In Afghanistan, eBay and Skype Keep Connections Alive
By: eBay Inc. Staff
In the ‘Internet tent,’ soldiers shop remotely with their spouses, thanks to Internet access and eBay.
Sometimes you find eBay enthusiasts where you least expect them. As a case in point, eBay Inc. Senior Director Patrick Firouzian recently found many enthusiasts among U.S. Air Force personnel and the local community on a NATO army base in the heart of war-torn Afghanistan.
“In the NATO airbases' canteen, I sat among 200 or so solidiers of the coalition forces,” said Firouzian (shown at left wearing the eBay jacket), who was there on a trip facilitated through a friend in the military. “One of them told me, 'I am an eBay PowerSeller.' Another said, 'I have a Blue Star [which indicates 50 to 99 feedback ratings on eBay].'
“After dinner, I entered the ‘Internet tent’ and saw dozens of desks with computers equipped with webcams and headsets. The soldiers were Skyping their loved ones -- wives, husbands and children. Down the aisle I noticed an eBay logo. After a quick intro, a soldier told me he was bidding on a cradle for his second baby-to-come. He and his wife were buying all their baby gear on eBay, choosing together. [She] was in a Skype window, and the item page in another.”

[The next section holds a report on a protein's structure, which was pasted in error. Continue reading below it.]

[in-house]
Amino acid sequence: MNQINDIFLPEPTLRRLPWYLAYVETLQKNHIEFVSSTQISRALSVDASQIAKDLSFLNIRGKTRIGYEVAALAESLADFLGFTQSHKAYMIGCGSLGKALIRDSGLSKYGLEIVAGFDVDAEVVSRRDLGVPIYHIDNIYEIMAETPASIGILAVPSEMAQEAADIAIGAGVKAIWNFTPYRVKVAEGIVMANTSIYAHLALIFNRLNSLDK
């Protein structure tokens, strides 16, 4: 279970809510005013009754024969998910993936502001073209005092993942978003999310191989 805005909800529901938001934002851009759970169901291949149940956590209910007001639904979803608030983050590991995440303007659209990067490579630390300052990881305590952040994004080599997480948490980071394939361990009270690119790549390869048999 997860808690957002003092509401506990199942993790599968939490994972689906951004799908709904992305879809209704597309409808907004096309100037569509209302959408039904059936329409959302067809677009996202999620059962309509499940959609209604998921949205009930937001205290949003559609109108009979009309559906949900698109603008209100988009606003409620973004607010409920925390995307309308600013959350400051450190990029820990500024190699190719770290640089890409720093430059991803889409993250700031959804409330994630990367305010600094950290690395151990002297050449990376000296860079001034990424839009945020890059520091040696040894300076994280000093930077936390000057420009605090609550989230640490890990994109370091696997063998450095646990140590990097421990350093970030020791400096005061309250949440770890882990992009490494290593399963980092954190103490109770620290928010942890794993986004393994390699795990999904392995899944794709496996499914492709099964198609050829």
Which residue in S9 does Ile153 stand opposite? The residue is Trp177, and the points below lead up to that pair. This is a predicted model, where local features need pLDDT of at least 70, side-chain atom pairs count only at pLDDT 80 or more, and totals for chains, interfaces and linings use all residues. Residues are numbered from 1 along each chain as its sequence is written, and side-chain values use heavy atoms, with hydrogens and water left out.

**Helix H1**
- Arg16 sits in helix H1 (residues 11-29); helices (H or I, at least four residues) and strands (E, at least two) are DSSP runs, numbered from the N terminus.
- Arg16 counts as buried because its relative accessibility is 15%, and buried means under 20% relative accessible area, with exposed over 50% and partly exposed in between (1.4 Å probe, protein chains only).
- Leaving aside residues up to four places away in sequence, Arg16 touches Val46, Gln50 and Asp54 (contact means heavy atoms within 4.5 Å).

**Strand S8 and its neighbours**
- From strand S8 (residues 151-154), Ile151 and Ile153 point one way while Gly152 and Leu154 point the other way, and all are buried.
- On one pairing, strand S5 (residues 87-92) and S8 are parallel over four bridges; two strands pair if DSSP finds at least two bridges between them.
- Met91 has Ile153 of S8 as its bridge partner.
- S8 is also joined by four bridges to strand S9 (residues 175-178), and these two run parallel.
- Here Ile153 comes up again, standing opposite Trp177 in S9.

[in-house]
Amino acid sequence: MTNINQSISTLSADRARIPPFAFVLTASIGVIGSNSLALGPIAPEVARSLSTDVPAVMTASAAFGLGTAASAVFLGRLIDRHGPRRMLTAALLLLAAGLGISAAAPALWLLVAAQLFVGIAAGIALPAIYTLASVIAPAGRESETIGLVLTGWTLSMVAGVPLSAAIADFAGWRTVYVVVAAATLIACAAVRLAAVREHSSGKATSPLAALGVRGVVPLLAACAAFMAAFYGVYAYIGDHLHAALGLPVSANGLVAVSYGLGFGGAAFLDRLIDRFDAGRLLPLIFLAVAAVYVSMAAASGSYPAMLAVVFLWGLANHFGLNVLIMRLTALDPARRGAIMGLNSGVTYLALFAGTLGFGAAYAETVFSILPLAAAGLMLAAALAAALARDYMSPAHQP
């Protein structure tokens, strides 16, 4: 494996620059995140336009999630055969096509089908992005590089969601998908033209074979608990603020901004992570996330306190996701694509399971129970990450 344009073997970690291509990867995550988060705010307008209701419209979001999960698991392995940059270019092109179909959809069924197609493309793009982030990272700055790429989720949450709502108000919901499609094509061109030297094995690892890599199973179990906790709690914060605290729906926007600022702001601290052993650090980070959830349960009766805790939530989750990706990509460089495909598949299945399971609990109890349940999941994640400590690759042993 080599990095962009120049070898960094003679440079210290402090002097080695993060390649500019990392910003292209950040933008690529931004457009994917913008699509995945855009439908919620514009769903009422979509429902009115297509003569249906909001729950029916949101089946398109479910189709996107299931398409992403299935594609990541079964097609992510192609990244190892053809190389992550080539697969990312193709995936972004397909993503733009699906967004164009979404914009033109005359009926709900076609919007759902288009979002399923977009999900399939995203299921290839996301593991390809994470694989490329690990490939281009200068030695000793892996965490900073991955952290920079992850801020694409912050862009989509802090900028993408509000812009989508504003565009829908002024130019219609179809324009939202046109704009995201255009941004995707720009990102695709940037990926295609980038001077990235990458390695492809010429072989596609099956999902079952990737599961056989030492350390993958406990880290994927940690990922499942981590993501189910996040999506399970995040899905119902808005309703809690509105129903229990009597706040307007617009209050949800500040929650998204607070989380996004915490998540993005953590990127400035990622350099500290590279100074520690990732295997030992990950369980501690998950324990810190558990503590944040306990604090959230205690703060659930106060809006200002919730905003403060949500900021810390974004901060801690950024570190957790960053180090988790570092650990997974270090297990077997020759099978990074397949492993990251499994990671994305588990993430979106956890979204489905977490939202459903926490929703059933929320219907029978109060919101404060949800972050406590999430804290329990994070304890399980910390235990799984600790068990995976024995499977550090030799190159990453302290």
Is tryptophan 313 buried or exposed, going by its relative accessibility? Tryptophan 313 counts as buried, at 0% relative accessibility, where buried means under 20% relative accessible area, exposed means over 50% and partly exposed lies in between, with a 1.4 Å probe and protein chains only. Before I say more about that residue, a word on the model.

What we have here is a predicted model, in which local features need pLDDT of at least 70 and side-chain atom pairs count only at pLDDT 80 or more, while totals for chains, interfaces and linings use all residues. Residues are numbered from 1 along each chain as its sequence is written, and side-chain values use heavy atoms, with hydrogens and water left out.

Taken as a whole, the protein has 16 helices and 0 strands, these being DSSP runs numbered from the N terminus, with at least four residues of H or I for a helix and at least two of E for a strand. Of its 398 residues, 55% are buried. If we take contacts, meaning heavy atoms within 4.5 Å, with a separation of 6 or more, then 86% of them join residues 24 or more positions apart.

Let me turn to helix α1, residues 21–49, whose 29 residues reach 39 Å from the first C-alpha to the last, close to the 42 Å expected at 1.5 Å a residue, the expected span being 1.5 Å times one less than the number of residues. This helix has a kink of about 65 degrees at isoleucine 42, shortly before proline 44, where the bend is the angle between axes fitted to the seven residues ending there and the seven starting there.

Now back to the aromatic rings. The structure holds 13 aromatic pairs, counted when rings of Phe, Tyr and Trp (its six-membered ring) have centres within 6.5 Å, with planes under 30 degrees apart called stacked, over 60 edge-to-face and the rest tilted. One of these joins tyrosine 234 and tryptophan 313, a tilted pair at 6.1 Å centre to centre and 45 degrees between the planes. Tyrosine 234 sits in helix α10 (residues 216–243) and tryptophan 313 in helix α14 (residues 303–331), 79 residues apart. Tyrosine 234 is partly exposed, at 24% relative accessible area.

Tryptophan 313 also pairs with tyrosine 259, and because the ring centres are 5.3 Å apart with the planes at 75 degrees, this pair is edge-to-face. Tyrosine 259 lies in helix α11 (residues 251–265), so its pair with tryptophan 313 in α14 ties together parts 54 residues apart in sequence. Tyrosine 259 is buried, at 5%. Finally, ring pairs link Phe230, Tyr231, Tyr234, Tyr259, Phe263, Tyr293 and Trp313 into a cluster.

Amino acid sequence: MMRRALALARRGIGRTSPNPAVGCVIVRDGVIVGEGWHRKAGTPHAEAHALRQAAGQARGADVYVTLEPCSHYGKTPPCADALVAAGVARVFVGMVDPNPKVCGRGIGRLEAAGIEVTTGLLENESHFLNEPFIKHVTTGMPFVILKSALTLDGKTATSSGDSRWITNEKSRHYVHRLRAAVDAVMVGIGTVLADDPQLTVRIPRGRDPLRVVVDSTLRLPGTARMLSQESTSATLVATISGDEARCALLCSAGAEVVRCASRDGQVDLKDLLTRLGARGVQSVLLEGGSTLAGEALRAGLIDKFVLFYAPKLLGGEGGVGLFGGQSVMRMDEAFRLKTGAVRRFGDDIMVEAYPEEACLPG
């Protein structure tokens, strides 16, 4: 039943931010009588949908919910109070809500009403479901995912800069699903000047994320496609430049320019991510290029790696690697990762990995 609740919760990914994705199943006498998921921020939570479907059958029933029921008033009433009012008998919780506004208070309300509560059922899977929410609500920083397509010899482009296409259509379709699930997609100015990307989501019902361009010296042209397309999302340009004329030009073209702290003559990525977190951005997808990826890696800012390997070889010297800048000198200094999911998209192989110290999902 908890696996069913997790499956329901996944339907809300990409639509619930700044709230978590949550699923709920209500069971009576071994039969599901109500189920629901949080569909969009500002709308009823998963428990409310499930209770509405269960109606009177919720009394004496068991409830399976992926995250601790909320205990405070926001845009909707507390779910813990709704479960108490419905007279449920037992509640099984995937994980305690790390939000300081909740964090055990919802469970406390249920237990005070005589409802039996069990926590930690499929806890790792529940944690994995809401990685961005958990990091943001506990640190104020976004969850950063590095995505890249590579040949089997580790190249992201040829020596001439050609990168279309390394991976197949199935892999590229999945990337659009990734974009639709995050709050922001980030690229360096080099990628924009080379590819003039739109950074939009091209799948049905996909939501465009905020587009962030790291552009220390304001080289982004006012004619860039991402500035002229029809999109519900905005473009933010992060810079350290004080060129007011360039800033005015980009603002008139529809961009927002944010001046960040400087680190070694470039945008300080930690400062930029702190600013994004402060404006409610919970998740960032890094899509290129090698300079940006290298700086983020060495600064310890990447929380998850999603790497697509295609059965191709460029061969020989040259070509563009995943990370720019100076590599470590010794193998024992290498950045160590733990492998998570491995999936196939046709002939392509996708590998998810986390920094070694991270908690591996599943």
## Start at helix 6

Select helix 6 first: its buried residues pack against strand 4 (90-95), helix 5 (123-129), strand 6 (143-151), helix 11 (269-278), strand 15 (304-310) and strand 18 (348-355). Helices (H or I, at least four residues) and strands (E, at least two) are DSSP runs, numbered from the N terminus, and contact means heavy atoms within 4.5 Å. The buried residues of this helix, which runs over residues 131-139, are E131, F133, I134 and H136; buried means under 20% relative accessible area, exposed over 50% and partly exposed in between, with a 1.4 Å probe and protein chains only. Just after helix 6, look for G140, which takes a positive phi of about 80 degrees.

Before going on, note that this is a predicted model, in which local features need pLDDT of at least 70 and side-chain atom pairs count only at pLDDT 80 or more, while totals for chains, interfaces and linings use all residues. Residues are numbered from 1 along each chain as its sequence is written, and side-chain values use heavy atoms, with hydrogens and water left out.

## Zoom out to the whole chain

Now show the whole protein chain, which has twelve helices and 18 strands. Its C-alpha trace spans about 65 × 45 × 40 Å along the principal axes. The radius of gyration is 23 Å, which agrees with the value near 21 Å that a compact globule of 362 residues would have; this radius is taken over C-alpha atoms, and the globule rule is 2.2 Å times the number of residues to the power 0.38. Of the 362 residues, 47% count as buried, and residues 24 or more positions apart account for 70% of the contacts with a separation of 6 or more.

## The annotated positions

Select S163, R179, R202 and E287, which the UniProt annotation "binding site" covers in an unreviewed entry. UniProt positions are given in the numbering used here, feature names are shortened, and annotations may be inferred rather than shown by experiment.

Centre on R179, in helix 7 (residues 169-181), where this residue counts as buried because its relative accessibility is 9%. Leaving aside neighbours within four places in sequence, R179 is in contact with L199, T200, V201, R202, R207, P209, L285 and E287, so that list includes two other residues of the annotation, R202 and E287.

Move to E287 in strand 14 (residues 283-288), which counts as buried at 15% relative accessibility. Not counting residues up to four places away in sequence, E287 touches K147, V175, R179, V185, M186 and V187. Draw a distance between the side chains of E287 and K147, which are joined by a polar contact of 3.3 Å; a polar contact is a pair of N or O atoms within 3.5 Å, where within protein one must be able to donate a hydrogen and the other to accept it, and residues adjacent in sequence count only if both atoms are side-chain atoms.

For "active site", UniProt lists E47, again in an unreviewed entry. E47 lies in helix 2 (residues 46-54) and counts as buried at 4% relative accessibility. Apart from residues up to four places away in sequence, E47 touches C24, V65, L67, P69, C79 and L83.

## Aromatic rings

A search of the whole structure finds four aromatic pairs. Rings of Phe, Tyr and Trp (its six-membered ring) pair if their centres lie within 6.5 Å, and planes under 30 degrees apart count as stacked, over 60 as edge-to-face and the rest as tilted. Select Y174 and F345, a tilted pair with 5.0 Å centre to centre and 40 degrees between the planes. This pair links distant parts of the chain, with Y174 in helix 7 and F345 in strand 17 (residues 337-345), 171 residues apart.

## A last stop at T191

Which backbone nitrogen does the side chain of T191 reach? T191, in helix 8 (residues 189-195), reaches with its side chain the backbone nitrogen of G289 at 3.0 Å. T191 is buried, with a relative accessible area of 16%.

Many of the local children that Firouzian encountered were familiar with eBay and Skype from observing Air Force soldiers using the site and the service. Firouzian learned that Afghan parents pin all of their hopes on their children. "They can make this country into a peaceful place to live,” one father told him. “But few of the teenagers succeed, although they show great potential. If they study, there are few jobs.”
To aid educating children in Afghanistan, Firouzian worked with a pilot to help help deliver four tons of school books to a remote area that had never received government support.
Firouzian noted that eBay and Skype definitely make a difference in the lives of soldiers stationed in Afghanistan. “Even in a war zone, service people are connecting to their families with video cameras, and some are connecting to a marketplace and a community via eBay.”